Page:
Sweetener users urged to get involved in Trump trade policy
DANA POINT, Calif. — Darci Vetter, the chief U.S. agricultural negotiator in the Obama administration, urged sweetener industry executives on Feb. 27 to get involved in President Donald Trump’s trade policy decision making because Trump’s decision to withdraw from the Trans Pacific Partnership is a “loss for the global trading system,” and Trump’s approach to revamping the North American Free Trade Agreement is still unclear.
In a speech to the International Sweeter Colloquium, which is co-sponsored by the Sweetener Users Association and the International Dairy Foods Association, Vetter noted that Trump had asked where the people who have negotiated trade deals came from and that she came from Nebraska and grew up on a farm.
Vetter, who negotiated the agricultural provisions of the TPP, defended that agreement, but said the issues now are how the administration proceeds after withdrawing from TPP and how it will handle Trump’s promises to turn NAFTA into a better deal for the U.S.
Agriculture needs to monitor the Trump administration carefully, Vetter said, because “frankly, the administration has broad latitude” to act on trade without congressional action. To withdraw from NAFTA, Vetter said, Trump would have to follow rules that would take some time, but any announcement of that intention would cause industry to rethink investment and planning decisions.
Vetter said the sweetener users need to find out whether the Office of the U.S. Trade Representative, the Commerce Department or the White House will be the lead negotiator and where Congress fits into future negotiations and renegotiations. The Trade Promotion Authority law provides a blueprint on how to proceed with a negotiation, but is not clear about how to pull back from NAFTA and other multilateral agreements, she said.
The industry must find out “how stakeholders should make their views known,” Vetter said. “Industries and trade associations provide vital data on what they sell.”
IN THE COLD
Vetter told the sweetener users that the TPP would not have mattered much to them because countries were resistant to a big liberalization in the sweetener trade. But the 12 TPP countries did all put every farm product on the table, and there would have been a small increase in sugar from Australia and in sweetener-containing products from Canada.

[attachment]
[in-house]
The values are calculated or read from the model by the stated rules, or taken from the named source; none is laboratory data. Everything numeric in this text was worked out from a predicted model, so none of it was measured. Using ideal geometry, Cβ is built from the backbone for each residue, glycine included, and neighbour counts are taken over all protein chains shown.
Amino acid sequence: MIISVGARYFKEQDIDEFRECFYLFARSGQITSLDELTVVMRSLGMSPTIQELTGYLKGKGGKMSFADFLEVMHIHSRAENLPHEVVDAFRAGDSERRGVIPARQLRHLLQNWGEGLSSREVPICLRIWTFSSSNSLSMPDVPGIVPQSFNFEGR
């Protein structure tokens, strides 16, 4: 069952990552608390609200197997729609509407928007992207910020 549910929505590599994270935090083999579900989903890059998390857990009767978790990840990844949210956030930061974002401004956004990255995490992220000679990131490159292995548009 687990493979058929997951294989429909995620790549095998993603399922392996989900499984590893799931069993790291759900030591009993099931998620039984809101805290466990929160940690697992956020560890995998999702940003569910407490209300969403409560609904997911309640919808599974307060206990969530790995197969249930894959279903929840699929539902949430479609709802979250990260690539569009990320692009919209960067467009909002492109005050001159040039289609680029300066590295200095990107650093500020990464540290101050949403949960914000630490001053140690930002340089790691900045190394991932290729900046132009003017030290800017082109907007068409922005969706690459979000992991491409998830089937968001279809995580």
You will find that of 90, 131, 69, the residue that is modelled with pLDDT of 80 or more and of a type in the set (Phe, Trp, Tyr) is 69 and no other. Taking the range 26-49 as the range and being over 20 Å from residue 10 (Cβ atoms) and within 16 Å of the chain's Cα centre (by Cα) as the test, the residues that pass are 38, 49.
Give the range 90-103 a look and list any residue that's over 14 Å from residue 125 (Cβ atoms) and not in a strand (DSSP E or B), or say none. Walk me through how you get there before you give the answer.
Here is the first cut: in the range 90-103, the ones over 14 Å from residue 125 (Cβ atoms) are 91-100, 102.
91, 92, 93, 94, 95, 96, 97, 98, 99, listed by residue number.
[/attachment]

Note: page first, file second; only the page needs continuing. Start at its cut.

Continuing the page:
For the rest of agriculture, Vetter said, “pulling out of TPP leaves us in the cold.”
The biggest loss, she said, was the ambition that the 12 TPP member countries would reduce tariffs and establish better rules of trade, and that other countries — including China — would eventually join the agreement.
While Trump has said he believes that the U.S. would get better deals in bilateral agreements, Vetter said the U.S. chose the 11 other countries because “we took those that would be the most ambitious, and then we would invite others to join.”
Provisions establishing standards on biotechnology and on organic agriculture would both have been of benefit to the sweetener industry and the rest of American agriculture, she said. The agreement would also have protected U.S. products from the impact of European campaigns on geographic indicators in those Asian markets, she added.
TPP may move forward without the U.S., she said, but it is unlikely to have the same high standards because for those standards the U.S. was the “demandeur.”
In two weeks, she noted, Chile will host a meeting of the remaining TPP countries and has invited China to attend. The U.S. cannot have a seat at that table, she said, but if the U.S. is not even represented at the meeting “it is not good.”
What happens with NAFTA, she said, depends a lot on whether the U.S. is “going to withdraw, renegotiate it, modernize it, tweak it a lot,” Vetter said, noting that administration officials have used all those words to describe the path forward.
“NAFTA withdrawal would be the most drastic and harmful” because goods have been moving back and forth across the borders with Mexico and Canada for decades.